The Journal of Arthroplasty, Volume 32, Issue 5, 1581 - 1585

Metal Ion Levels in Young, Active Patients Receiving a Modular, Dual Mobility Total Hip Arthroplasty

Nam, Denis et al.


Dual mobility total hip arthroplasty (THA) components improve stability, yet use of a modular cobalt alloy acetabular liner may be associated with metal ion release. This study’s purpose was to measure blood metal ion levels in young, active patients receiving a dual mobility THA prosthesis.


This is a prospective study of young, active patients undergoing primary THA. Twenty-six patients received a 22-mm cobalt alloy (n = 10) or a 28-mm ceramic (n = 16) femoral head, a modular cobalt chrome acetabular liner, with a highly cross-linked polyethylene insert (dual mobility). Seventeen control patients received a 32-mm cobalt alloy (n = 6), oxidized zirconium (n = 5), or ceramic (n = 6) femoral head and polyethylene acetabular liner (conventional). All patients received a cementless, titanium femoral stem. Blood metal ion levels (μg/L) were measured preoperatively and at 1 year postoperatively.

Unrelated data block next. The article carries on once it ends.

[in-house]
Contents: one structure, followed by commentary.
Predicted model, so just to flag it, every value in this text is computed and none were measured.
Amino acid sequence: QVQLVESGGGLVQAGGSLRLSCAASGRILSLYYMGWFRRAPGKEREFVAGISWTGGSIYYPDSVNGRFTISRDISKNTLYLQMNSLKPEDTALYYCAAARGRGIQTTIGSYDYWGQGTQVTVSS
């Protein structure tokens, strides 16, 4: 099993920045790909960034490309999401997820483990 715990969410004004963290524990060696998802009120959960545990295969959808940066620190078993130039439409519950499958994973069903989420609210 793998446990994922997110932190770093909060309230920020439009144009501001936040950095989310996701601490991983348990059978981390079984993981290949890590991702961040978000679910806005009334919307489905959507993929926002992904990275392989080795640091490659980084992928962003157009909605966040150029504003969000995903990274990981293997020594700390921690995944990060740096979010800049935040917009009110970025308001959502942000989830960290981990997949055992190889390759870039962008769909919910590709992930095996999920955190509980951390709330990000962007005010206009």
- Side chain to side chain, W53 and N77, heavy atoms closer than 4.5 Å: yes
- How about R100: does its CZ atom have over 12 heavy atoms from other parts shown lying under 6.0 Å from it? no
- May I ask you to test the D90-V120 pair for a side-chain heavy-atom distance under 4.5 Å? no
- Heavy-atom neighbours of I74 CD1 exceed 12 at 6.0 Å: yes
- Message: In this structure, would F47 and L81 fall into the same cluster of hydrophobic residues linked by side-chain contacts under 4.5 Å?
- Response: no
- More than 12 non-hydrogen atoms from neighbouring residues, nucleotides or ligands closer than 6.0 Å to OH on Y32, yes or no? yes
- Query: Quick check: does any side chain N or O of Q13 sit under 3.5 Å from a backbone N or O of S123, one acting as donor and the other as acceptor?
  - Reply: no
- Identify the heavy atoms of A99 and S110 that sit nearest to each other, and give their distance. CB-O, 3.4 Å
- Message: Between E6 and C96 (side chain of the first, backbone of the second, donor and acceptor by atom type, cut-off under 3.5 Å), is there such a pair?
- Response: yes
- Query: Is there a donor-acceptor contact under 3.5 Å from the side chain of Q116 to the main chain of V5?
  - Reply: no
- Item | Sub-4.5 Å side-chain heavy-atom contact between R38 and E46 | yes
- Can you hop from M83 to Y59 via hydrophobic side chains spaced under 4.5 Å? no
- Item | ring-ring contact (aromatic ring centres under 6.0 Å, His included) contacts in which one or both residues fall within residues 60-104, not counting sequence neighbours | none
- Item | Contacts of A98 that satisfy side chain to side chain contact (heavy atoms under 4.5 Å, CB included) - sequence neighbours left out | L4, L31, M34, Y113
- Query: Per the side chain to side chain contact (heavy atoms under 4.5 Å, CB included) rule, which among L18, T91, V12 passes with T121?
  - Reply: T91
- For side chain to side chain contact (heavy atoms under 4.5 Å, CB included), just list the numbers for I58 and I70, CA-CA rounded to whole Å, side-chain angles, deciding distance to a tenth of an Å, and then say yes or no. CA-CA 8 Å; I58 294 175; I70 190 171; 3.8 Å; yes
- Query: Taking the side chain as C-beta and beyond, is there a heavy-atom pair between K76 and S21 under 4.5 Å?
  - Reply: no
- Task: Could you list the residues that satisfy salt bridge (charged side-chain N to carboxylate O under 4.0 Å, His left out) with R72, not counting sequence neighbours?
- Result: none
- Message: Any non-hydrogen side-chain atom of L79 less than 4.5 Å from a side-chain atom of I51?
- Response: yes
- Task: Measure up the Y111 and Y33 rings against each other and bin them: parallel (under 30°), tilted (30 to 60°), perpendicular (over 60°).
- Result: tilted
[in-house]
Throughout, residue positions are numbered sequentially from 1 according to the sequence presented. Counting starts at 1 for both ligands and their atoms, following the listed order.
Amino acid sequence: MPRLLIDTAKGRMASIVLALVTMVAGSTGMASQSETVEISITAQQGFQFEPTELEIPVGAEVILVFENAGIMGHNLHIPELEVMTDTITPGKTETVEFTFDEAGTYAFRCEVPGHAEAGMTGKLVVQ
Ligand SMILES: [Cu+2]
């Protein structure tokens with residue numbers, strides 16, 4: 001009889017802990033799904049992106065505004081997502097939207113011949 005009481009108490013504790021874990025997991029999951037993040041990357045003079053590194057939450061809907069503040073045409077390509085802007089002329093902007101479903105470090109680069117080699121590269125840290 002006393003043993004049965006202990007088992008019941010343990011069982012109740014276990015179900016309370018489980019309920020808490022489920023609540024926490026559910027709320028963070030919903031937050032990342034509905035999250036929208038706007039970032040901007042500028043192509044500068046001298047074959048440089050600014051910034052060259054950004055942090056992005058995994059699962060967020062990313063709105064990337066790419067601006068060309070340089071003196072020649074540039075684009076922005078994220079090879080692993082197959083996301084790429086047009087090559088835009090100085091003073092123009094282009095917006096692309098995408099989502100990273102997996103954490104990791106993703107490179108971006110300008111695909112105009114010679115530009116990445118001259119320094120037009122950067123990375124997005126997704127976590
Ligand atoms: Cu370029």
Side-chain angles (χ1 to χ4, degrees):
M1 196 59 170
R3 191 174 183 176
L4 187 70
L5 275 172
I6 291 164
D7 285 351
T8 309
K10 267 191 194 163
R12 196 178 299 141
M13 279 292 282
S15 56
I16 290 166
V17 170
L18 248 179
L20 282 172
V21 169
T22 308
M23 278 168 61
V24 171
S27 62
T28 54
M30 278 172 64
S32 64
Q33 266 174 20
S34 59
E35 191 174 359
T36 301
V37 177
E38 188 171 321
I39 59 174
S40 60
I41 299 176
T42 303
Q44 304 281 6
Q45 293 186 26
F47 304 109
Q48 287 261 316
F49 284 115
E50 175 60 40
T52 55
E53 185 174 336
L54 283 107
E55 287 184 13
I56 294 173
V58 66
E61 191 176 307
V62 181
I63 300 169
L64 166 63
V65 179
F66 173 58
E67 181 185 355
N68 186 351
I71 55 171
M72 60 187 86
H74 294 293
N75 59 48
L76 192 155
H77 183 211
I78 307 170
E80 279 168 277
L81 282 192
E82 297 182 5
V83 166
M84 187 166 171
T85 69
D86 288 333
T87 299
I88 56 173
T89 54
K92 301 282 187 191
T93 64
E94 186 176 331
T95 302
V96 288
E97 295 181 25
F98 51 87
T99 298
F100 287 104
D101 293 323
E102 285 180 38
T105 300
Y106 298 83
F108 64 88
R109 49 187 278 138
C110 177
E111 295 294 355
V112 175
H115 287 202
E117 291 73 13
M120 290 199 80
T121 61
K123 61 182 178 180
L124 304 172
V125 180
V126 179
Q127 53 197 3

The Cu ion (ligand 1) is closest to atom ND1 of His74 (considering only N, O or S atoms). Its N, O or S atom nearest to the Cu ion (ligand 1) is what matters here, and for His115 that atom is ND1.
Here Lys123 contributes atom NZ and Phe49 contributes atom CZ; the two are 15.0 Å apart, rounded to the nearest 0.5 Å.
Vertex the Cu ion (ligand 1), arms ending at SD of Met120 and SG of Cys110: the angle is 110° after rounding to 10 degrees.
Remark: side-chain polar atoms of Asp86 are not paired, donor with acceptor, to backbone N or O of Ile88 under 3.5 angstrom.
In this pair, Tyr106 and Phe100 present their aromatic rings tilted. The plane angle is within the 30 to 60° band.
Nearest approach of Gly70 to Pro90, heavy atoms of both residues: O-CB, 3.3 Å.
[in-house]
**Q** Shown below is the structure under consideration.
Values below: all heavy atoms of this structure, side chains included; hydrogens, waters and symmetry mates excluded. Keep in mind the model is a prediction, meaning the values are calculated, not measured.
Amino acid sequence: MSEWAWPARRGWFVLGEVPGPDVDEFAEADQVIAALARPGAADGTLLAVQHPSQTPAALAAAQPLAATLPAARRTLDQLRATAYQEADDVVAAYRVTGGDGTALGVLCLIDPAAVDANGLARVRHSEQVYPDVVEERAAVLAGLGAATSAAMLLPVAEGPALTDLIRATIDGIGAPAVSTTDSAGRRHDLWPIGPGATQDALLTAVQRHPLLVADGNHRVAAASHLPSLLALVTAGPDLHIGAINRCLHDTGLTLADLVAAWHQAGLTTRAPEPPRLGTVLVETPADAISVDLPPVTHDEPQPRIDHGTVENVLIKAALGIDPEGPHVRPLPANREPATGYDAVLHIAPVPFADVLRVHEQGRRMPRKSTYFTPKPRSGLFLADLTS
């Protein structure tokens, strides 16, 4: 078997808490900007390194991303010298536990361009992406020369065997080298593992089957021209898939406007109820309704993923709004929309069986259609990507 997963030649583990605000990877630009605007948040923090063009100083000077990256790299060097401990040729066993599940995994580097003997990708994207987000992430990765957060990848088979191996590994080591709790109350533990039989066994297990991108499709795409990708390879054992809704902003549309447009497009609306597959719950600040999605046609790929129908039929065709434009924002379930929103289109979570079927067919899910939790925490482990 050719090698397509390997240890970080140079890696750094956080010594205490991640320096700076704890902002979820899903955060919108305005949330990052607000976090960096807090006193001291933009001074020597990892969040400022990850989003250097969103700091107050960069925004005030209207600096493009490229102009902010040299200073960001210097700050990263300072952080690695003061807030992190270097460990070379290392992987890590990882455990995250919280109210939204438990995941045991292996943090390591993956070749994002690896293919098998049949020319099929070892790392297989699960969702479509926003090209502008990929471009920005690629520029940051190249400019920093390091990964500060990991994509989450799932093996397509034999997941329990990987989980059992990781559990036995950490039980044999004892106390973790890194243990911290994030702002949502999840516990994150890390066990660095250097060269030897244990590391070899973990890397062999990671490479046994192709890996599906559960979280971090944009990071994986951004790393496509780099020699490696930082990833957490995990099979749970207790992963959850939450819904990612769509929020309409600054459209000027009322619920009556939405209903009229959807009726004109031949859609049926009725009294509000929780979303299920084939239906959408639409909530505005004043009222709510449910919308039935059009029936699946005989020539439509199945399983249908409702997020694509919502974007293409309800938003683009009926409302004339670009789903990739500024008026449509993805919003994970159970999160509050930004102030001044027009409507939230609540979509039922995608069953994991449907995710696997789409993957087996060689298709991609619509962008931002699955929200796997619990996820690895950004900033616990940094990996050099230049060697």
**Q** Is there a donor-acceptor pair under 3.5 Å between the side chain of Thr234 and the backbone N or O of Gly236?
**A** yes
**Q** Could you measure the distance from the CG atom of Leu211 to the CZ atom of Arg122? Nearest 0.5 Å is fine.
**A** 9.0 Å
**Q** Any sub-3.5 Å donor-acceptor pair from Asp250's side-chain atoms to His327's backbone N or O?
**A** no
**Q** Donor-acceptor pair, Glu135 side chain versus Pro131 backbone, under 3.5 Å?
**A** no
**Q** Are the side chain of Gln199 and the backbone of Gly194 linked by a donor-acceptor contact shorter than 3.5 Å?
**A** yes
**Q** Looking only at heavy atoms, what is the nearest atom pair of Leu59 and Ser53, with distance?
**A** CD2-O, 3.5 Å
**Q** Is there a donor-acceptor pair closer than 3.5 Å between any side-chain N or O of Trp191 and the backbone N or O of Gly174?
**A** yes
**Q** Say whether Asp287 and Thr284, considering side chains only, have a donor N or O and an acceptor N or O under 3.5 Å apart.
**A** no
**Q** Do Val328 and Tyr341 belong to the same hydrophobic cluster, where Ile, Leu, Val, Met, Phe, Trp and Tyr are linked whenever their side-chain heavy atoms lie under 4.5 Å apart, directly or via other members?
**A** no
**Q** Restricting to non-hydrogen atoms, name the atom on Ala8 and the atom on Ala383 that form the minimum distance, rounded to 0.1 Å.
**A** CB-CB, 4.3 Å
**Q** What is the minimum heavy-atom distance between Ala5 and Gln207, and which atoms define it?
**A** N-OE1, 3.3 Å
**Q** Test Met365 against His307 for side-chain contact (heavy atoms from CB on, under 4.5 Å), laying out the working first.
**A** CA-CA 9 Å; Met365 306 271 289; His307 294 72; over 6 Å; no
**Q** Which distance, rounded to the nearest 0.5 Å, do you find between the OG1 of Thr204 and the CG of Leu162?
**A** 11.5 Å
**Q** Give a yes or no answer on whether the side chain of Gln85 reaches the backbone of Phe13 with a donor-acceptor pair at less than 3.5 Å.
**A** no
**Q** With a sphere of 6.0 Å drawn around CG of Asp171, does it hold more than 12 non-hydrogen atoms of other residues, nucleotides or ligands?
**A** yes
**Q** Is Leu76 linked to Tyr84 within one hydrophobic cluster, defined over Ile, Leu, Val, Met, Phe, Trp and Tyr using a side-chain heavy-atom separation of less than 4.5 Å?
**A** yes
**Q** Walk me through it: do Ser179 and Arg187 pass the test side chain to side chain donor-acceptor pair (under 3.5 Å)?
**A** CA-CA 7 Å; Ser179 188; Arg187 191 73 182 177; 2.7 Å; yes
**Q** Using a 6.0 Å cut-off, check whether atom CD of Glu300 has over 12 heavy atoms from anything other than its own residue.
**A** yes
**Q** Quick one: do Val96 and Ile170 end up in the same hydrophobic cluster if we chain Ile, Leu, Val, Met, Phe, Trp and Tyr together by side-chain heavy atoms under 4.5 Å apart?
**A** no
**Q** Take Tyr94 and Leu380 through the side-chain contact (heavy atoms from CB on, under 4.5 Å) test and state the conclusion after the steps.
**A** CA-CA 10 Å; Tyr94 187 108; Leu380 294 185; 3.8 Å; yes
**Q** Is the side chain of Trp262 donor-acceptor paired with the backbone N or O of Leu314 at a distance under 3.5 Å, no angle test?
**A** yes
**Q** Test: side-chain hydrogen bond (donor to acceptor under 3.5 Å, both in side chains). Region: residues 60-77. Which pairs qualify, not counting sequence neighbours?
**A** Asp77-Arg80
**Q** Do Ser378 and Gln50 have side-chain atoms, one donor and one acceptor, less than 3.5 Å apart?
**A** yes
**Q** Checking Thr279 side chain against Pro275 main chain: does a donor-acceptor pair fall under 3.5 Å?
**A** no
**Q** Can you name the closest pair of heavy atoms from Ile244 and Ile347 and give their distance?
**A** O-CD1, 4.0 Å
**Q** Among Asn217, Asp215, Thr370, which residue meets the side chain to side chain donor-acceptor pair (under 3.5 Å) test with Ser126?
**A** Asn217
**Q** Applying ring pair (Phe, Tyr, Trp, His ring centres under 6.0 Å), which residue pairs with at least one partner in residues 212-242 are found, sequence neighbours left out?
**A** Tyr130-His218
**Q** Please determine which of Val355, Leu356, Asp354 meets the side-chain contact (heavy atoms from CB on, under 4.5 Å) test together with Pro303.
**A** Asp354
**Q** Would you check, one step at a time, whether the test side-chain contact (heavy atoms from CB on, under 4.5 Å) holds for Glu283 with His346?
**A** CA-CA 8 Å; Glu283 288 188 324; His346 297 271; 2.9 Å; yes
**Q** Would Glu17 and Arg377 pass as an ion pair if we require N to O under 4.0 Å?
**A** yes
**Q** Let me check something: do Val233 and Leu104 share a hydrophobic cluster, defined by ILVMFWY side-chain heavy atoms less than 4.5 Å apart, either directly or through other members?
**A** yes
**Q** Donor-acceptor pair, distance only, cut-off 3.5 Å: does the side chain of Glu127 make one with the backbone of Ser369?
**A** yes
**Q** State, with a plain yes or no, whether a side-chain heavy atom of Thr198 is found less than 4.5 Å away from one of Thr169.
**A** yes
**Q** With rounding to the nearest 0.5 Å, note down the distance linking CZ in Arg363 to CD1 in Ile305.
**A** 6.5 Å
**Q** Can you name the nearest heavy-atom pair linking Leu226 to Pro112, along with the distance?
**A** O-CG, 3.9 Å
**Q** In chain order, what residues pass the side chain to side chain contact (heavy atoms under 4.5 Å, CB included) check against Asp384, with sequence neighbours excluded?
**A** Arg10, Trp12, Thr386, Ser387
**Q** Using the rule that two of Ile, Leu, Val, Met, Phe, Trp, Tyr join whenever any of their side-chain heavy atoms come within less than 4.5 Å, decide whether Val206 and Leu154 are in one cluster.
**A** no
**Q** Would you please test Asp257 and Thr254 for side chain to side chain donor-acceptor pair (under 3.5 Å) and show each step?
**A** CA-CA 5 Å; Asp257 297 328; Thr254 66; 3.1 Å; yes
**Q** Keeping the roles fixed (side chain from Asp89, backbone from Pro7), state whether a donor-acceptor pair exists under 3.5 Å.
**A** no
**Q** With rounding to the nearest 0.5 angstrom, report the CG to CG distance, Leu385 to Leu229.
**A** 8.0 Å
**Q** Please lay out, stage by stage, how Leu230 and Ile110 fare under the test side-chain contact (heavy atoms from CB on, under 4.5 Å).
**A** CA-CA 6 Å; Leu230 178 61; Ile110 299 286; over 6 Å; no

No difference was present for age or body mass index (P = .5 and .9). At 1 year postoperatively, mean cobalt levels were greater in the dual mobility cohort (0.23 ± 0.39 vs 0.15 ± 0.07, P < .001). Four patients in the dual mobility cohort had a cobalt level outside the reference range (0.03-0.29), with values from 0.34 to 1.81 μg/L. One patient in the conventional cohort had a cobalt level outside the reference range with a value of 0.39 μg/L.


The presence and clinical significance of increased cobalt levels in 4 patients with the use of a modular dual mobility prosthesis demonstrates the necessity of continued surveillance.

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